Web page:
How Our Evolved Psychology Is Used to Exploit Us - On Blind Tribes and Becoming Sighted

Sex, Power, and Partisanship: How Evolutionary Science Makes Sense of Our Political Divide - Hector A. Garcia 2019

How Our Evolved Psychology Is Used to Exploit Us
On Blind Tribes and Becoming Sighted

One fact that I wish to convey to all readers, liberal or conservative, is that if you fail to understand your evolved psychology, others will use it to exploit you. Typically this is achieved by prodding our evolved fears, particularly our inborn fear of outsiders. Moreover, there is empirical evidence to suggest that conservatives, those on the threat-sensitive end of the natural curve, may be more vulnerable to this sort of manipulation.

One study examining credulity, for example, presented subjects with a series of false statements connoting danger, such as, “Sharks pose a significant risk to beachgoers,” and “Terrorist attacks have increased in the U.S. since Sept. 11, 2001,” along with false statements with a positive valence, such as, “When flying on major airlines, you are more likely to be upgraded from economy to business class if you ask at the gate.”29 Subjects were then asked how much they felt the statements were believable. Conservative subjects were significantly more likely to believe false information than liberals when the misinformation posited a threat. This led the researchers to conclude that “some individuals are more sensitive to the possibility of threats, and correspondingly pay higher precautionary costs; other people are less sensitive to this possibility, and pay higher costs when hazards are encountered.”

The tendency to have a greater emotional or behavioral reaction to negative information, called negativity bias, is a universally shared trait shaped by the dangers of our ancestral environment. When our ancestors heard rustling in the bushes, it benefitted them to think, Bear, and respond accordingly, even when it was just the wind. In other words, negativity bias kept us alive in the cases when it really wasn't just the wind. It's not that liberals don't ever have this bias—it's just that conservatives have a greater tendency for it.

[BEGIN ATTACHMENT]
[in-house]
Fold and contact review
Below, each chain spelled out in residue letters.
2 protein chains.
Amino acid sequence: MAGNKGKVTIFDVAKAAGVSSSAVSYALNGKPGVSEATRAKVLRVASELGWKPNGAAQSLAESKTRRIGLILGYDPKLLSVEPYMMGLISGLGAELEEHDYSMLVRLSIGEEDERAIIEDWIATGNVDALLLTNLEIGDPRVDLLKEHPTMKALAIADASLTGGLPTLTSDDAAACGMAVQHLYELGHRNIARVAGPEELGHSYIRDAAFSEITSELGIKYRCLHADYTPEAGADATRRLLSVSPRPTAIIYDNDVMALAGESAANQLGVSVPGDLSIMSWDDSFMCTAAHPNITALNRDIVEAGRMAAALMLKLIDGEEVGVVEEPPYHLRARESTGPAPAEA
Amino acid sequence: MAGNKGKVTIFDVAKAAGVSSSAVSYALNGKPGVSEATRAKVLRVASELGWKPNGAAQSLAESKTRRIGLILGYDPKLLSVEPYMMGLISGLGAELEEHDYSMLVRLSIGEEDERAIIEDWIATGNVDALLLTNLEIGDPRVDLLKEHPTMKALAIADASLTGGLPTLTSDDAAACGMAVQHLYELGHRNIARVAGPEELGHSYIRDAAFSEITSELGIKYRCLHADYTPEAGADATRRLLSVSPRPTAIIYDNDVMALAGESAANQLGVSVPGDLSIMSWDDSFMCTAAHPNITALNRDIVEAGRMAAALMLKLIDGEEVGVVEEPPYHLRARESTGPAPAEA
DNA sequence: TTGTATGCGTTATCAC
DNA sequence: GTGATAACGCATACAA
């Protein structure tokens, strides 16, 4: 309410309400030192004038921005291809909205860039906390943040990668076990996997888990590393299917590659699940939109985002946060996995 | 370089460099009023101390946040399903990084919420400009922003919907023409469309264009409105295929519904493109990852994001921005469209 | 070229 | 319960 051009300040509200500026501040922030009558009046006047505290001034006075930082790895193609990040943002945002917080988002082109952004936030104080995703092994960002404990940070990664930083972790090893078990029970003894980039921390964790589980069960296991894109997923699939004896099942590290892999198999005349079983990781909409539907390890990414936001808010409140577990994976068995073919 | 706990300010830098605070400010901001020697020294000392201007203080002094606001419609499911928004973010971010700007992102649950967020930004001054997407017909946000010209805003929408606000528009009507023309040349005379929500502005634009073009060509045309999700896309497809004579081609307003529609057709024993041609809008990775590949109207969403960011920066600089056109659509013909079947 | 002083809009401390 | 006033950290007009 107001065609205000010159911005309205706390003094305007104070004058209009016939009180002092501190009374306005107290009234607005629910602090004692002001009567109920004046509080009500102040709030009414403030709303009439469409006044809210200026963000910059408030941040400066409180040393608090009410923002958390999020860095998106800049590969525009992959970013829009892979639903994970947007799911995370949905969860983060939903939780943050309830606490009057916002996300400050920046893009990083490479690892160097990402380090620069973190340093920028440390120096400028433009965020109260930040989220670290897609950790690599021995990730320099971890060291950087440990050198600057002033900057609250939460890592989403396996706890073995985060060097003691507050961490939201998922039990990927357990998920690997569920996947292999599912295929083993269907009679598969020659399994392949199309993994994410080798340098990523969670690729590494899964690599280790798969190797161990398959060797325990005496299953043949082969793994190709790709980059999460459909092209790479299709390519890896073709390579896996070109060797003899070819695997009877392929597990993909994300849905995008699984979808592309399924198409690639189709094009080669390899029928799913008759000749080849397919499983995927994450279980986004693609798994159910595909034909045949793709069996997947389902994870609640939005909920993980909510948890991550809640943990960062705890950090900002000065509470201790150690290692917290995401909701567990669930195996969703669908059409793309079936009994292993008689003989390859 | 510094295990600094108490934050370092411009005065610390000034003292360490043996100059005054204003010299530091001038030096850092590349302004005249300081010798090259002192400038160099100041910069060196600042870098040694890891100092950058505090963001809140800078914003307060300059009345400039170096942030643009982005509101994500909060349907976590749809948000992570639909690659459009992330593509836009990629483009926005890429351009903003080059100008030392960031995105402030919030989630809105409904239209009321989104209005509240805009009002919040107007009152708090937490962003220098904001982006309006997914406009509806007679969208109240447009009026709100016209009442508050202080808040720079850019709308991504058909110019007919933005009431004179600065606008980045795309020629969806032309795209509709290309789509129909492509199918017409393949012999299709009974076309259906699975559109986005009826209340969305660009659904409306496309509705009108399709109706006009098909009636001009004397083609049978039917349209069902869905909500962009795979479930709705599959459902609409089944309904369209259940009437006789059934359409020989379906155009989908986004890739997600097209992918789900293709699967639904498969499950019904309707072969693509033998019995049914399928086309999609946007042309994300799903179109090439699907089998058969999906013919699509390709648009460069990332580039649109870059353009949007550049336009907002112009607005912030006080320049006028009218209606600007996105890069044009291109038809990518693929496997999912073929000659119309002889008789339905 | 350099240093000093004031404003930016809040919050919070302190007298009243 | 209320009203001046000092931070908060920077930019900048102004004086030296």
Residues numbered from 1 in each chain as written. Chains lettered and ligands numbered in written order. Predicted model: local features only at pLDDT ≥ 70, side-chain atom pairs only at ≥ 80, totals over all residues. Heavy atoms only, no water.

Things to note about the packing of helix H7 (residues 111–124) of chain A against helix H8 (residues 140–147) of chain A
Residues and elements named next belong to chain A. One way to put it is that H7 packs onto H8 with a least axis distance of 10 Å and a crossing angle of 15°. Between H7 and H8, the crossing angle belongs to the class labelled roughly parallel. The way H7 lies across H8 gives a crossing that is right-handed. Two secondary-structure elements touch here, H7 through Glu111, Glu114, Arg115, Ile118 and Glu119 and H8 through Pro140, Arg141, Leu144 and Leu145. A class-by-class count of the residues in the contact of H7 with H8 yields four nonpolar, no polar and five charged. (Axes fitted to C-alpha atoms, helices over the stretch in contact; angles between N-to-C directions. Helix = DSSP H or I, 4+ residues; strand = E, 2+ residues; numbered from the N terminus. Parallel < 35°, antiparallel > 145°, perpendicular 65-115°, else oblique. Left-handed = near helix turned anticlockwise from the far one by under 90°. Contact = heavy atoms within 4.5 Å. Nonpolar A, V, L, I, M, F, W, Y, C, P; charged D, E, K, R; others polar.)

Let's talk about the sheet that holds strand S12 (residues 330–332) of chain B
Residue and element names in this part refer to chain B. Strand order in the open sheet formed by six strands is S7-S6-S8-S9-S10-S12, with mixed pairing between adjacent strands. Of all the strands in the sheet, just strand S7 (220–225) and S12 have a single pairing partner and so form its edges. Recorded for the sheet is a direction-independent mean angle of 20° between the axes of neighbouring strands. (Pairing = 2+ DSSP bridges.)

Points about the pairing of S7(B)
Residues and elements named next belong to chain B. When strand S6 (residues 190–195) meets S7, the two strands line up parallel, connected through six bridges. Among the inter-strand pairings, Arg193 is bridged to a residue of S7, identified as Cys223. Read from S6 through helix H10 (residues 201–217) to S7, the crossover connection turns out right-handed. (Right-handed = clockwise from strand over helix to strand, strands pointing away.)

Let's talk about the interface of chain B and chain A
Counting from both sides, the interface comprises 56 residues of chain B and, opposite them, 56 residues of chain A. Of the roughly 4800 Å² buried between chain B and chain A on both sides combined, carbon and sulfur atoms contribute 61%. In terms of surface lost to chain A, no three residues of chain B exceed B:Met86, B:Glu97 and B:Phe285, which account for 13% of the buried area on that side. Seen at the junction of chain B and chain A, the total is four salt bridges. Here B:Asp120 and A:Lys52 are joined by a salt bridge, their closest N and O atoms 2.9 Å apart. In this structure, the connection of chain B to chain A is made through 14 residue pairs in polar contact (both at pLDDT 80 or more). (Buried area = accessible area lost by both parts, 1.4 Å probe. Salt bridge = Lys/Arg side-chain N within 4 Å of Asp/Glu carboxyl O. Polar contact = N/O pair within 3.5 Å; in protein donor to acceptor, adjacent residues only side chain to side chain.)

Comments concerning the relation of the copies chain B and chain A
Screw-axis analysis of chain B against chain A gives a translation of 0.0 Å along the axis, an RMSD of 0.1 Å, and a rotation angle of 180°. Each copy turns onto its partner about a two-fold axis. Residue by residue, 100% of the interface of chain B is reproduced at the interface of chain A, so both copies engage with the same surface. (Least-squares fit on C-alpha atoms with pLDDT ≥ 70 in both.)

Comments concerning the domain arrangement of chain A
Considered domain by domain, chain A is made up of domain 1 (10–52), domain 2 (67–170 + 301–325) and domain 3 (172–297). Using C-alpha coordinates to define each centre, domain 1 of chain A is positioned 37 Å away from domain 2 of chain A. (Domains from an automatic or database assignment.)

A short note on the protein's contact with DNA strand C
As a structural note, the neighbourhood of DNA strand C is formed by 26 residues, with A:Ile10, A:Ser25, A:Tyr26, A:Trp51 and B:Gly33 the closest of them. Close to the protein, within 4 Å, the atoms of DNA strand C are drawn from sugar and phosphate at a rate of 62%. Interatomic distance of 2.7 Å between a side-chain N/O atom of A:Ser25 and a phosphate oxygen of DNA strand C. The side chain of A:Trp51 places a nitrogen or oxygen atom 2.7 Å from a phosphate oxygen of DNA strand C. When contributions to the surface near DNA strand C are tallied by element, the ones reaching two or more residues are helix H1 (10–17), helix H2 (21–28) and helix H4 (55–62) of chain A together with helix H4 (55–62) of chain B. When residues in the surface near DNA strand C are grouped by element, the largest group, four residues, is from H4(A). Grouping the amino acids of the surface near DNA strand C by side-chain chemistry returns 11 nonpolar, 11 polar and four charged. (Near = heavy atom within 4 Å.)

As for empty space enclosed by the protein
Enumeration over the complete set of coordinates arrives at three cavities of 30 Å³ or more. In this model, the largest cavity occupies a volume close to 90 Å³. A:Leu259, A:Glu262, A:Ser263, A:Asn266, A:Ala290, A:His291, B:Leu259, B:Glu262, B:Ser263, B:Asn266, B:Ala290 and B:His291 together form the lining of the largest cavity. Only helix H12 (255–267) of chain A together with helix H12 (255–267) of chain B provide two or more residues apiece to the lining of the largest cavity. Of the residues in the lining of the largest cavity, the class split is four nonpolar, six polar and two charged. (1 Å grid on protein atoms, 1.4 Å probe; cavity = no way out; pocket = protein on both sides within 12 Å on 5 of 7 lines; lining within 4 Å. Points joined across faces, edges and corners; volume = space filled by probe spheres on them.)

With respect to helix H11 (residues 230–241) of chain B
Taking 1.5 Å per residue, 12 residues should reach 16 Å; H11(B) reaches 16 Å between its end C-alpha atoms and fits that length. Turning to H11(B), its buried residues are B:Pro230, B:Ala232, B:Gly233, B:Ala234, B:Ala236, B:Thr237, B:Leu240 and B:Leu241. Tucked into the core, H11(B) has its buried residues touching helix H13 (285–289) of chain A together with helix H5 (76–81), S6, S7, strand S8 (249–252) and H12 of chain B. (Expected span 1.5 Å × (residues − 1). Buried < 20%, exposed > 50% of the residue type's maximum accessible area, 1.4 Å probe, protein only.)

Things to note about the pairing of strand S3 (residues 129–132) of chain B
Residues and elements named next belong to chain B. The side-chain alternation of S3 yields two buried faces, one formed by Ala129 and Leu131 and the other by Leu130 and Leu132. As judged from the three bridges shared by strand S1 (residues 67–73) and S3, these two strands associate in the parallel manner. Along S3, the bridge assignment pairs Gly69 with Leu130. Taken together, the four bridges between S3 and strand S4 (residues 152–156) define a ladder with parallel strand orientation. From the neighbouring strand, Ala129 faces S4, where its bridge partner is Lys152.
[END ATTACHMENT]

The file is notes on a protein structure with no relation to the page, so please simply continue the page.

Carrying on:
Unfortunately, negativity bias is also an easily manipulable trait, frequently used for profit by the sharks of the business world. One striking example comes from a company that owns a number of fake news sites, under the brazen moniker Disinfomedia. Disinfomedia's owner, Californian liberal Democrat Jestin Coler, peddles fake news stories for advertising dollars. Coler reportedly started the company to punish right-wing news outlets by selling them misinformation, with the goal of later exposing them for using it.30 In keeping with the research above, Coler stated that he tried to write fake new stories for liberal outlets but was unsuccessful—that is, liberals wouldn't buy them. Here he boasts about how easy it was to bilk conservatives: “It was just anybody with a blog can get on there and find a big, huge Facebook group of kind of rabid Trump supporters just waiting to eat up this red meat that they're about to get served.”

While Coler wouldn't disclose exact numbers, he stated that other fake news sites’ $10,000 to $30,000 monthly earnings apply to him. One example of his for-profit fabricated news is a story with an ominous headline reading, “FBI Agent Suspected in Hillary Clinton Email Leaks Found Dead in Apparent Murder-Suicide.”

A nascent but growing scientific literature is finding that Coler's observations were accurate—conservatives believe and share fake news on social media more than liberals. In one study examining “extremist, sensationalist, conspiratorial, masked commentary, fake news and other forms of junk news” on Facebook and Twitter, a team of Oxford researchers found that the highest percentage of sharing and circulation of these kinds of misinformation was concentrated on the political Right, in particular by Donald Trump supporters, and extreme Right social media pages.31 Similarly, in a report summarizing the research on fake news, a team of Harvard scholars recently remarked that “while any group can come to believe false information, misinformation is currently predominantly a pathology of the right.”32 This vulnerability is not limited to rejecting evolution or global warming. Falsehoods widely popularized by conservative media outlets and politicians have included ideas such as the Obama administration's healthcare included “death panels” to decide on euthanizing patients,33 and that President Obama is a Muslim,34 both of which were false but believed more commonly within the conservative Right. But again, if, as I suggest, conservatism evolved in response to the pressures of violent group-based male coalitions, falsehoods about death panels or about a black president being from the outside tribe's religion would have high incendiary value. Theoretically, those fears could be exploited to kill popular support for a healthcare plan by those with financial interests in seeing the plan fail.